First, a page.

Using a process that’s as easy as gargling with Scope, researchers can now gather data to understand how various stimuli activate gene expression in humans. Through a non-invasive method, study participants can now provide a sample of their RNA by swishing a mouthwash solution for 30 seconds, a painless and preferable alternative to drawing blood with a needle.
After two decades of research and in-depth investigation, often in collaboration with Kenneth Rachlin at the California Pacific Medical Center, IONS Scientist Dr. Garret Yount received a patent for the method following an extensive review by the U.S. Patent Office. Dr. Yount envisions this breakthrough approach as fundamental to the mission of IONS, an organization dedicated to understanding the interconnected nature of humankind and the power of human consciousness.
To appreciate the game-changing potential of this method, it is useful to consider a few fundamentals of molecular biology. DNA is responsible for storing and transferring genetic information, while RNA dictates how genes are expressed. While RNA can be collected from any biological material, it must come from active blood cells to capture the ever-changing messages being exchanged between the brain and the body. Rather than drawing blood, however, the new method collects RNA from blood cells from the gums, stimulated by both a specialized solution and a study participant’s swishing action.
The method can perhaps be best understood by its juxtaposition with current mail-in tests popular for understanding one’s ancestry. These analyses rely on DNA—static data about one’ inherited traits, including any genetic predispositions for certain health risks. Dr. Yount’s method, on the other hand, extracts RNA—its dynamism being key to understanding how different stimuli influence the expression of genes, including those related to health. Past studies have found that relaxation practices, for example, can enhance the expression of genes related to energy metabolism and reduce the expression of genes linked to inflammatory response.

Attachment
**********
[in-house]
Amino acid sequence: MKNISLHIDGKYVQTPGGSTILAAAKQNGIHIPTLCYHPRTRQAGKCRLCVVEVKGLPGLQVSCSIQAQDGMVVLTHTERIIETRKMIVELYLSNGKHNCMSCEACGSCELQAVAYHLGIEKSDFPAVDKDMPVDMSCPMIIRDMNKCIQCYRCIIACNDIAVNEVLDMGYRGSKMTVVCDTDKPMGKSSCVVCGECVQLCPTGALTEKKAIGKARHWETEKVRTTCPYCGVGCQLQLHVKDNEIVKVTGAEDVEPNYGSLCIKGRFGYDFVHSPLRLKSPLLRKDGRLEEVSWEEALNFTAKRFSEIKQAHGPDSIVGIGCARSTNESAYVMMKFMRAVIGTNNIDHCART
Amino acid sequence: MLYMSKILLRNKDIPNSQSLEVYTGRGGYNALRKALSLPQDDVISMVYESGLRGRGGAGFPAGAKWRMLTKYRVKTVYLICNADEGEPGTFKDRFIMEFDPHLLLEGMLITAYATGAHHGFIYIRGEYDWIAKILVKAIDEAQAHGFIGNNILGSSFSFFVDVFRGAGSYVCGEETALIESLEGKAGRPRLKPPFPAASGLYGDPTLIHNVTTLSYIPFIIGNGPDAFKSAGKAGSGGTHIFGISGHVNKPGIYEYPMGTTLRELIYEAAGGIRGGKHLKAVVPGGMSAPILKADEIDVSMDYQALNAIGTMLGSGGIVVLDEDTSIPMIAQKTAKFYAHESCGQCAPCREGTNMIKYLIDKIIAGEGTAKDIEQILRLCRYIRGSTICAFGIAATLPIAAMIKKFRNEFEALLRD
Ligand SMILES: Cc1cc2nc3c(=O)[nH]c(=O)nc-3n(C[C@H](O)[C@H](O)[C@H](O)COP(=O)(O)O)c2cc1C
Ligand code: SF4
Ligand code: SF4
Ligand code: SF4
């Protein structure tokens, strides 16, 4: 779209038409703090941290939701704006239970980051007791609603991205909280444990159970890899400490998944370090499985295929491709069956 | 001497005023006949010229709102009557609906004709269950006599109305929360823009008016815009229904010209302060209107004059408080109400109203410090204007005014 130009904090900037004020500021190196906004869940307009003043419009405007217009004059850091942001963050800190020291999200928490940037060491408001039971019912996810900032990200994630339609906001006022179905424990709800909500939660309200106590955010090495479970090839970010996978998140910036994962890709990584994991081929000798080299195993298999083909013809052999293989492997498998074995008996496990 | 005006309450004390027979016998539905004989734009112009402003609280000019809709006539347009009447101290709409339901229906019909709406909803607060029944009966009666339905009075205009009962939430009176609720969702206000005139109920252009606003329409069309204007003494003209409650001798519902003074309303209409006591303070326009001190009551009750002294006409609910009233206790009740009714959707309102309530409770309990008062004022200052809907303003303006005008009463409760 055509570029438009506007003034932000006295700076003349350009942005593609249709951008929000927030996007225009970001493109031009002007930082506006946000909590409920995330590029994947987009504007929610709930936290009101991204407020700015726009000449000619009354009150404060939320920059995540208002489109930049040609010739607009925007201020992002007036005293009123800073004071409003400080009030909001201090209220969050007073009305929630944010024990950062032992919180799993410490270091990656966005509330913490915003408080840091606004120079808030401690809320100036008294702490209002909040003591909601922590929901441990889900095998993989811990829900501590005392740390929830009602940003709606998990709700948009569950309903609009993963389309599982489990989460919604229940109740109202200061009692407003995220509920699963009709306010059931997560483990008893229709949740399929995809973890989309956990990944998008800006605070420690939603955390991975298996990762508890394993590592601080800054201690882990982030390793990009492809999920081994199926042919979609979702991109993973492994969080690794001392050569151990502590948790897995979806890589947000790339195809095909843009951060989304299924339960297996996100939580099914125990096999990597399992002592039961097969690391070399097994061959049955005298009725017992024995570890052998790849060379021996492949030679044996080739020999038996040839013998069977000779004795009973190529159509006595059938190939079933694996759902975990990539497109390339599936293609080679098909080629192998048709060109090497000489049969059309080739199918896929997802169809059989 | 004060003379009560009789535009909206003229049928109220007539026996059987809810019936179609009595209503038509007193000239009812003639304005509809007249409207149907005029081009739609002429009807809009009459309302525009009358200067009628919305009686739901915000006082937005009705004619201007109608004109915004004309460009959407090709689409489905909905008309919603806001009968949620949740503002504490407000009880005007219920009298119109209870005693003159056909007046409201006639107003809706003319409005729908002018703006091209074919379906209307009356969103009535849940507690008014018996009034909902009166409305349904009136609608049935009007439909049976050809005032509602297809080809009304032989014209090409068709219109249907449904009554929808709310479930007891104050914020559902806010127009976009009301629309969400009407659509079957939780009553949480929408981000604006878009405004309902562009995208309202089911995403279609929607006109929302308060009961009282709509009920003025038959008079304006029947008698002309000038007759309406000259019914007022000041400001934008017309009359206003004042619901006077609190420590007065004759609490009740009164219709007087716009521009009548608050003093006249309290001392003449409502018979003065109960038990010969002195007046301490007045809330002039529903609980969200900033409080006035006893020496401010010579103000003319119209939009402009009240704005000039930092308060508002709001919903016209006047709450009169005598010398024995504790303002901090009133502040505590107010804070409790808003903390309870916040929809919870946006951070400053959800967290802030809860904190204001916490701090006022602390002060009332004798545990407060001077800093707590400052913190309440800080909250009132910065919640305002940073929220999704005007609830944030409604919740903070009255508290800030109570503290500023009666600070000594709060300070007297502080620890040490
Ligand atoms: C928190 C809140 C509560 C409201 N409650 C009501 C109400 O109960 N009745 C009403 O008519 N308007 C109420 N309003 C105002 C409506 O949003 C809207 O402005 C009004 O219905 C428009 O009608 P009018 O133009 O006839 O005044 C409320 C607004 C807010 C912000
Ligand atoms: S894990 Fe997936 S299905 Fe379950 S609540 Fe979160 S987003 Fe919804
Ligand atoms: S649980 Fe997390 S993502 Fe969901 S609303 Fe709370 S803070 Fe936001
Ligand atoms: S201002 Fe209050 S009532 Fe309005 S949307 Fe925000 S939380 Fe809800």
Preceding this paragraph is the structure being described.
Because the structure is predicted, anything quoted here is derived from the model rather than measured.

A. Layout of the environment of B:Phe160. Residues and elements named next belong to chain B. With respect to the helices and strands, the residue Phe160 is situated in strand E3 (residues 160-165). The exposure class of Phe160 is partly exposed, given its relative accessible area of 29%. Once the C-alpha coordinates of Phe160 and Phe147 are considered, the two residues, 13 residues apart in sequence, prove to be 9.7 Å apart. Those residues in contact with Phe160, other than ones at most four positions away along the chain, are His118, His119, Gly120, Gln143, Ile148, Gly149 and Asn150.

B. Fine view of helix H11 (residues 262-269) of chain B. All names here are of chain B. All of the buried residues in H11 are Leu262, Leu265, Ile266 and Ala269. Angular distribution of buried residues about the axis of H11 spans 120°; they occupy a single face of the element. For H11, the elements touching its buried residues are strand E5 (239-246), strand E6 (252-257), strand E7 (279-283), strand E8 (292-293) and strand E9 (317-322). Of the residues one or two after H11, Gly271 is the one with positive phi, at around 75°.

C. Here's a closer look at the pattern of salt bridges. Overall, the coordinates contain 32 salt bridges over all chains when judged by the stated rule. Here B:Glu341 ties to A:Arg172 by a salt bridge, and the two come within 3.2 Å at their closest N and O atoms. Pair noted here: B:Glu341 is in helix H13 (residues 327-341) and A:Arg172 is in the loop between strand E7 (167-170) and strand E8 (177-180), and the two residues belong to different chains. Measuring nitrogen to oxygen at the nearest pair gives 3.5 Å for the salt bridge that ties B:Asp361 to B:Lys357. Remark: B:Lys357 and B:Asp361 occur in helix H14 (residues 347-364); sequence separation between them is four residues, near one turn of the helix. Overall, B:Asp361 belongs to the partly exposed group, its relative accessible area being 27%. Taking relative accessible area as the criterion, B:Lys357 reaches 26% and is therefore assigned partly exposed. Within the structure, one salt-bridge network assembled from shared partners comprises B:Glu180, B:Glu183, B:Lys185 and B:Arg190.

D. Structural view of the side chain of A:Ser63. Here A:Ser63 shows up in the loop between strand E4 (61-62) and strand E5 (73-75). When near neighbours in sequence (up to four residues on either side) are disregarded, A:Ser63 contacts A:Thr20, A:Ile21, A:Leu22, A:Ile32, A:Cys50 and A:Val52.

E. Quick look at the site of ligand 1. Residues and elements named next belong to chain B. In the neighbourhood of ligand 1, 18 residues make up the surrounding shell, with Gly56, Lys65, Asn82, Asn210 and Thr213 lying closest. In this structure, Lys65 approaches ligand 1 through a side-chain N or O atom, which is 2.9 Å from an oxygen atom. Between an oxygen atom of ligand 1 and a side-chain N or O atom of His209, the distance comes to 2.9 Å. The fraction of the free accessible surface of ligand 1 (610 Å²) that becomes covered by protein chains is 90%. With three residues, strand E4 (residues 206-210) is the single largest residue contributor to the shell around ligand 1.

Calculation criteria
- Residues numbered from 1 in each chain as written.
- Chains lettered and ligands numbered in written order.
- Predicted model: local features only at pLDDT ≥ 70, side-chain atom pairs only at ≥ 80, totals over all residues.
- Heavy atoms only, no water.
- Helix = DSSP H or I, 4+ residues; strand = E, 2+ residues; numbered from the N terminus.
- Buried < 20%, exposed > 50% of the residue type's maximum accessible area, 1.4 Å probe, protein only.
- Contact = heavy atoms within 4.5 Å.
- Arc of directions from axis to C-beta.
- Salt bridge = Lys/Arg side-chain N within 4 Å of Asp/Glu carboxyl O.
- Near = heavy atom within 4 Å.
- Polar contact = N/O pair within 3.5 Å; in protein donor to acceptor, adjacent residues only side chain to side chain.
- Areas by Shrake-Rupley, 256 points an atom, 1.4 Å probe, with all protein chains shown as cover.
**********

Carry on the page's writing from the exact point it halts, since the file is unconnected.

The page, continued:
“Just as biofeedback gives us real-time data about the body, this method provides genome feedback—real-time data about how gene expression is influenced by our external environment and internal states,” explains Dr. Yount. “At IONS, we’re especially interested in internal stimuli. With this new method, we hope to better understand how the mind influences gene activity.”
On an individual level, this new non-invasive approach is ideal for testing how mindfulness practices like meditation or yoga might influence gene expression. The ease of using a quick oral rinse before and after such activities differs significantly from the discomfort and anxiety most people experience during a blood draw. On a broader level, the new method opens a whole range of field conditions where data can be gathered, making it feasible to collect samples from all over the world and substantially increase the statistical significance of any research results.
Such a global application is exactly what Dr. Yount envisions for the method. He hopes it will catalyze researchers all over the world to collaborate on understanding how mind-based techniques can impact the body. By sharing their data through a central hub at the IONS Discovery Lab, scientists all over the world can contribute to the institute’s groundbreaking work on consciousness research.